(b. 3 Jan. 1888, d. 6 Mar. 1965).
British Labour politician Born in Brixton, he left school at 14, and held a variety of jobs, ranging from shop assistant to telephone operator. The loss of sight in his right eye prevented him from serving in World War I, although he was in any case a staunch pacifist. Morrison became part-time secretary of the London Labour Party in 1915, and Mayor of Hackney in 1920. He was elected to the London County Council (LCC) in 1922, and to parliament as MP for Hackney South in 1923. As MacDonald's Minister for Transport (1929–31) he created the London Passenger Transport Board, but when he lost his seat in 1931, he became prominent in London politics. As leader of the LCC (1934–40) he worked tirelessly to improve the city's education and sanitary conditions, which led, for example, to the creation of a Green Belt around the capital. He regained Hackney South in 1935 but remained unacceptable for the leadership as sections of the party continued to be suspicious of his domination and drive.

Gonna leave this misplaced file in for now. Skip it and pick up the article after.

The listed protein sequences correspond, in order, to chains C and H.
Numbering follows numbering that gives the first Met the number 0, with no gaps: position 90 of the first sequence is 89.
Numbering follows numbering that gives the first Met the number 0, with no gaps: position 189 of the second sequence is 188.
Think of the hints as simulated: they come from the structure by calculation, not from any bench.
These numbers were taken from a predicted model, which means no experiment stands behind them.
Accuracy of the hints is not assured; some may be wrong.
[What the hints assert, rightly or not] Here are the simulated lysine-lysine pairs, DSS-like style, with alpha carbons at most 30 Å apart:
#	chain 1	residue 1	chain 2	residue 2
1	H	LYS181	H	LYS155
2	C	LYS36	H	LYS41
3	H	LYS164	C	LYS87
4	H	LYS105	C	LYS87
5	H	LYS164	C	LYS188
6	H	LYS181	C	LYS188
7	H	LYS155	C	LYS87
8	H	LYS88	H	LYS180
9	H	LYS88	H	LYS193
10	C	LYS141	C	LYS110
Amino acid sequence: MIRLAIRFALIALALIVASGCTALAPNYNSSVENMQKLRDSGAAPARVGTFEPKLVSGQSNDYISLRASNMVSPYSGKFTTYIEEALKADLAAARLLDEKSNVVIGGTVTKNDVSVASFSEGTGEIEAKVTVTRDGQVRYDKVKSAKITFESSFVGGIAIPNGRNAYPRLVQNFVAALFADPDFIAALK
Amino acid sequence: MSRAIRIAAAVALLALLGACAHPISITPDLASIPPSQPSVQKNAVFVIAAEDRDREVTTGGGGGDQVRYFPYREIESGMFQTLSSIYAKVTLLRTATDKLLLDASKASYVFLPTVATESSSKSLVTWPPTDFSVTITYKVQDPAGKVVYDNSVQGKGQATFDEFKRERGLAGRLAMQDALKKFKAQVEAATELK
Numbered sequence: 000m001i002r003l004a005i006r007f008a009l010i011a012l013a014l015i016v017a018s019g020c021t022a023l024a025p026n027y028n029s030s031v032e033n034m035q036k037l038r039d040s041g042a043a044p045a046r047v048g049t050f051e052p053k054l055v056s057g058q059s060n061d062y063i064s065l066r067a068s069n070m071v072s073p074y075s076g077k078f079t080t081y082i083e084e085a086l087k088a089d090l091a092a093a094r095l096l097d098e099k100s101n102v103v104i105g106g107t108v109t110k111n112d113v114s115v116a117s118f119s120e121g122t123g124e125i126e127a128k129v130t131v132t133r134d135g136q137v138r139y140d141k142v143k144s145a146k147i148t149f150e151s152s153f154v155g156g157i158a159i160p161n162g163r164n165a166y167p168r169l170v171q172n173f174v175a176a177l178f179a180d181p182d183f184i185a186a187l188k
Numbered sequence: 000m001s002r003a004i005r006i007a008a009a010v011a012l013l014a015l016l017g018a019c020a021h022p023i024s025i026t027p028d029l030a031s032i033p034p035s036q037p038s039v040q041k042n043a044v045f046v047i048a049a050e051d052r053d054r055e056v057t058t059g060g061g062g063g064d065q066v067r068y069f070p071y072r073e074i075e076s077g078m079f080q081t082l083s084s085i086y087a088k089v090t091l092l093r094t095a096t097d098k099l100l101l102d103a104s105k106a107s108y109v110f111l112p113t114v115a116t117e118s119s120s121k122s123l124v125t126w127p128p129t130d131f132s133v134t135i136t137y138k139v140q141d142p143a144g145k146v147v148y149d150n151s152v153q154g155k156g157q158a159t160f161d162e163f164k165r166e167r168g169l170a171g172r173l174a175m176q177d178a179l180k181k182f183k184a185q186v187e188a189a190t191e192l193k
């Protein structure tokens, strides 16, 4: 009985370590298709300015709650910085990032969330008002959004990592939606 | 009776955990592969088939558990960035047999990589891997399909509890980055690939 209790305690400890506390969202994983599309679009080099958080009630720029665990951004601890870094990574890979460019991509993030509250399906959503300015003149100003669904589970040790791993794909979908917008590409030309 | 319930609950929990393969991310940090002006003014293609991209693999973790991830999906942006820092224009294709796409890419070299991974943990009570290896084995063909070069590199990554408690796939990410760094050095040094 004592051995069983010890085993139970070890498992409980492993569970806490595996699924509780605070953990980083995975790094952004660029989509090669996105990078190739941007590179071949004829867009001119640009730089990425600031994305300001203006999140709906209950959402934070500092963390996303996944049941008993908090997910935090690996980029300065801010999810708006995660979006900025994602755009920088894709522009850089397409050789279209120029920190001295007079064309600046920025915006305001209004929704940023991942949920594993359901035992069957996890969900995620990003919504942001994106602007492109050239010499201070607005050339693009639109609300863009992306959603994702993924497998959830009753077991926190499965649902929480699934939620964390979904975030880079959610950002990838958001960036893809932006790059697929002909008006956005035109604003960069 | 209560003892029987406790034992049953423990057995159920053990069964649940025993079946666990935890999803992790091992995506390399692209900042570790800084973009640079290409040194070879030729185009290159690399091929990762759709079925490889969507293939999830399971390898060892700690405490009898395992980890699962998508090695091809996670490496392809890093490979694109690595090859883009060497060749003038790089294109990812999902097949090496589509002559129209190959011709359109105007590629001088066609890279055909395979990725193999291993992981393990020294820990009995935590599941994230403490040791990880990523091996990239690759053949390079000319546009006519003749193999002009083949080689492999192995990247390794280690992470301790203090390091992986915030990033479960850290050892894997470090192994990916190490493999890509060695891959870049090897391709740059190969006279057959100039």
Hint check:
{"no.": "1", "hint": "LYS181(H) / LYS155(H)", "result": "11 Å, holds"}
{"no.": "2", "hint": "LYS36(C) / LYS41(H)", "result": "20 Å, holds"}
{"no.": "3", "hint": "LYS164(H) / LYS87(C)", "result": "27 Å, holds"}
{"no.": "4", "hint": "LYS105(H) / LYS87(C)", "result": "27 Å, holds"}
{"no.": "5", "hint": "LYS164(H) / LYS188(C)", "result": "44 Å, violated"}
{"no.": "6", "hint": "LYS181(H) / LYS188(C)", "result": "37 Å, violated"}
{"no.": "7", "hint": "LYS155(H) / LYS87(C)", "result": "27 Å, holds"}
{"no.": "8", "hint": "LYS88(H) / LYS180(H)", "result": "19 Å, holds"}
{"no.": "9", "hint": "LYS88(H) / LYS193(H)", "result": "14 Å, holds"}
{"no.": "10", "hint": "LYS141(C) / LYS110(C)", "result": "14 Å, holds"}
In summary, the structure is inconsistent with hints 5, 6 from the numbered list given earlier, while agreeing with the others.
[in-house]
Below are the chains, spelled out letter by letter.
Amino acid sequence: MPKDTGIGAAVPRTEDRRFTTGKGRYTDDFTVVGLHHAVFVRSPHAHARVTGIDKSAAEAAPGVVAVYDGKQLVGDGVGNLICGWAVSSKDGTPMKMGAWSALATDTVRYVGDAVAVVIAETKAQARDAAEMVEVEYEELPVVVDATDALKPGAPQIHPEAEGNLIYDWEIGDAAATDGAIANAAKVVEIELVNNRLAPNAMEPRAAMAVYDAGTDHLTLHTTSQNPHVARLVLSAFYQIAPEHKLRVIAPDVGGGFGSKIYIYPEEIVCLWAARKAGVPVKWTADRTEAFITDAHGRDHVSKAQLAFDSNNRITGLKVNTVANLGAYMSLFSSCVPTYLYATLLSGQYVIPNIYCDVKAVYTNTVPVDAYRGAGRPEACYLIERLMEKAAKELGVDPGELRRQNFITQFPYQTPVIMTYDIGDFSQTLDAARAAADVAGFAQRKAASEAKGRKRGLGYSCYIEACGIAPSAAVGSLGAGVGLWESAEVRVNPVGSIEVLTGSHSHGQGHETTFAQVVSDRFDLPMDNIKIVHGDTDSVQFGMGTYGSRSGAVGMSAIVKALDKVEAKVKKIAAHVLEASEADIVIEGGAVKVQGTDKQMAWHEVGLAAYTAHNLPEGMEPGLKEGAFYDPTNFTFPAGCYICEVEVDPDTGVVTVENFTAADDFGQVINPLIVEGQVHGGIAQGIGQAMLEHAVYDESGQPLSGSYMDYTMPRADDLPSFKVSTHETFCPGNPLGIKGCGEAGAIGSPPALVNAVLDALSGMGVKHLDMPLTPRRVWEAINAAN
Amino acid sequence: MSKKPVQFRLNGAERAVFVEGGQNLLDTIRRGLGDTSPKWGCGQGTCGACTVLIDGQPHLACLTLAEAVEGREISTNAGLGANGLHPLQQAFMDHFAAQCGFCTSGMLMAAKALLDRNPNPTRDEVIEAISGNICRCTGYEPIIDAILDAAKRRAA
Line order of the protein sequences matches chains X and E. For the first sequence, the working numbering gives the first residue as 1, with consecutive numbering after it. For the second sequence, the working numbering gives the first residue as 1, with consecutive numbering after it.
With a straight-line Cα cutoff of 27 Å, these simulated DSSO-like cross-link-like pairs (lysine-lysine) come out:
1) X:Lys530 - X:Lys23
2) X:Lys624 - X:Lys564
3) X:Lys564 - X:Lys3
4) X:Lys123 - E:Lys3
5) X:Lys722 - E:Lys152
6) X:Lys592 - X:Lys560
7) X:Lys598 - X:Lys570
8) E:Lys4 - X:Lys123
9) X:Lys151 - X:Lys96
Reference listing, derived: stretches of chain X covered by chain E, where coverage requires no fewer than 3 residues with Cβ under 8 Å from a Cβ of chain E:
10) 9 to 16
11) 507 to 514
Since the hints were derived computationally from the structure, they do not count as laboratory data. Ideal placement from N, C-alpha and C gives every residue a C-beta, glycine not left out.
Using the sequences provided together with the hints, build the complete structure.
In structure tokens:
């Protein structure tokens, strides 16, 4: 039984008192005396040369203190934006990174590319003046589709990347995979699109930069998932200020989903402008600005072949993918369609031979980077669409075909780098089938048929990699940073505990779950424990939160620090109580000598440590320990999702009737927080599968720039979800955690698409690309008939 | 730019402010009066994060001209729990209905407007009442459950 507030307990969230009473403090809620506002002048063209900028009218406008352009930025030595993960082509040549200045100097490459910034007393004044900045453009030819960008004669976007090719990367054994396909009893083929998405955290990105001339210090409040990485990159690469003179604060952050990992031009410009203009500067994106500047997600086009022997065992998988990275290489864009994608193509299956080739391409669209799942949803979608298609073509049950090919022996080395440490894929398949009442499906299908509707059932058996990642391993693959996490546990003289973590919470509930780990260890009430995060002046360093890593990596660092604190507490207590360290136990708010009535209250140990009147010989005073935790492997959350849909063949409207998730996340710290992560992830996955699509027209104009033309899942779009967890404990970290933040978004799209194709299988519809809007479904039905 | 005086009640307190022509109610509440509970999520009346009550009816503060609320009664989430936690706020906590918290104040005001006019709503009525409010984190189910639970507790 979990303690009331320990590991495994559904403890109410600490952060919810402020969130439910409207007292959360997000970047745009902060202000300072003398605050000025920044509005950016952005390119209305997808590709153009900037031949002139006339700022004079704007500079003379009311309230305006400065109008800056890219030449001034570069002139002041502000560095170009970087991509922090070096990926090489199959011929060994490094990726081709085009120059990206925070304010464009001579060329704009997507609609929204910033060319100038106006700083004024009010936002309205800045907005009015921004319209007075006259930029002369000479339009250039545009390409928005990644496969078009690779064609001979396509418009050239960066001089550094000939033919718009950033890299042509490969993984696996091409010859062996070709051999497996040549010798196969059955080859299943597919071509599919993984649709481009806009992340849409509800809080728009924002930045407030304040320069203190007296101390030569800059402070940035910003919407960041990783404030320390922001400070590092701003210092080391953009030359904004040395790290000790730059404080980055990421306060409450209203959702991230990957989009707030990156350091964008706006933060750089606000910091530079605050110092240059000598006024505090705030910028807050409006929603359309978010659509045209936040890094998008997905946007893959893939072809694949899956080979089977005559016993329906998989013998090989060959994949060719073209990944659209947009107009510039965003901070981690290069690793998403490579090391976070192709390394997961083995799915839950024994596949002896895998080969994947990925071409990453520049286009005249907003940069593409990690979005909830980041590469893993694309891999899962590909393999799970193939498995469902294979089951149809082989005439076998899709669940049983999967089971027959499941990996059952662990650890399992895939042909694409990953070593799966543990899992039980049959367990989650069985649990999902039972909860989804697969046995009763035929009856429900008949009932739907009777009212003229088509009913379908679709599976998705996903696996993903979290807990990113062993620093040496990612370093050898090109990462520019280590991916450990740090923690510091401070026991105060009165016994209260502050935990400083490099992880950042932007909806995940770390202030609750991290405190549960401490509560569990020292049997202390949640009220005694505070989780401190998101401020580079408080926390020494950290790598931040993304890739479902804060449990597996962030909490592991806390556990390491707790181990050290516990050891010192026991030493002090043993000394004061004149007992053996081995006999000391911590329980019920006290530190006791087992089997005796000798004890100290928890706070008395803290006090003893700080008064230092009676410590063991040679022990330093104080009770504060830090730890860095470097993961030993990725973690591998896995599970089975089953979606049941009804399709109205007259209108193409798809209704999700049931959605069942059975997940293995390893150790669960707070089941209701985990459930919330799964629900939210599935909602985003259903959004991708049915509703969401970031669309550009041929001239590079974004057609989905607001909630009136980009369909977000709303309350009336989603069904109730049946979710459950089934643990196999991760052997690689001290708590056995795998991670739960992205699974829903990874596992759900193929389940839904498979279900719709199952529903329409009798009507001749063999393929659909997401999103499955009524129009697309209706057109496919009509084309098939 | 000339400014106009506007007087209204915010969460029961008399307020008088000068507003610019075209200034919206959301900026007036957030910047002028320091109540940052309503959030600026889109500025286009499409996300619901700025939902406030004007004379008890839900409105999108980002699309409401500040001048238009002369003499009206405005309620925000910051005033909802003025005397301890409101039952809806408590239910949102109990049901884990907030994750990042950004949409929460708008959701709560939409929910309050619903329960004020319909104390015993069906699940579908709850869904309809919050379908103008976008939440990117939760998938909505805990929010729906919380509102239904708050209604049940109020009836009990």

His energy was rewarded when he became Minister of Supply and then Home Secretary in Churchill's wartime coalition government (1940–5). During this time, he drafted Labour's proposals for nationalization and the social services in the 1945 election manifesto. As Deputy Prime Minister to Attlee (1945–51), and as leader of the House of Commons and Lord President of the Council, he coordinated Labour's domestic parliamentary legislation. Ever mindful of the electorate, from 1947 he advocated ‘consolidation’, whereby Labour would not extend its nationalization programme, which he recognized was becoming increasingly unpopular. His advice was ignored, however, and the party lost the 1951 elections, just after he had succeeded Bevin to the foreign ministry. Despite his resounding defeat by Gaitskell for the 1955 leadership, there is little doubt that he was a crucial force in British politics in general, and in the development and achievement of Labour's programme in particular. His grandson, Peter Mandelson, became an influential—and controversial—adviser to Tony Blair, and served as Northern Ireland Secretary (from 1999–2001) and EU Commissioner (from 2004).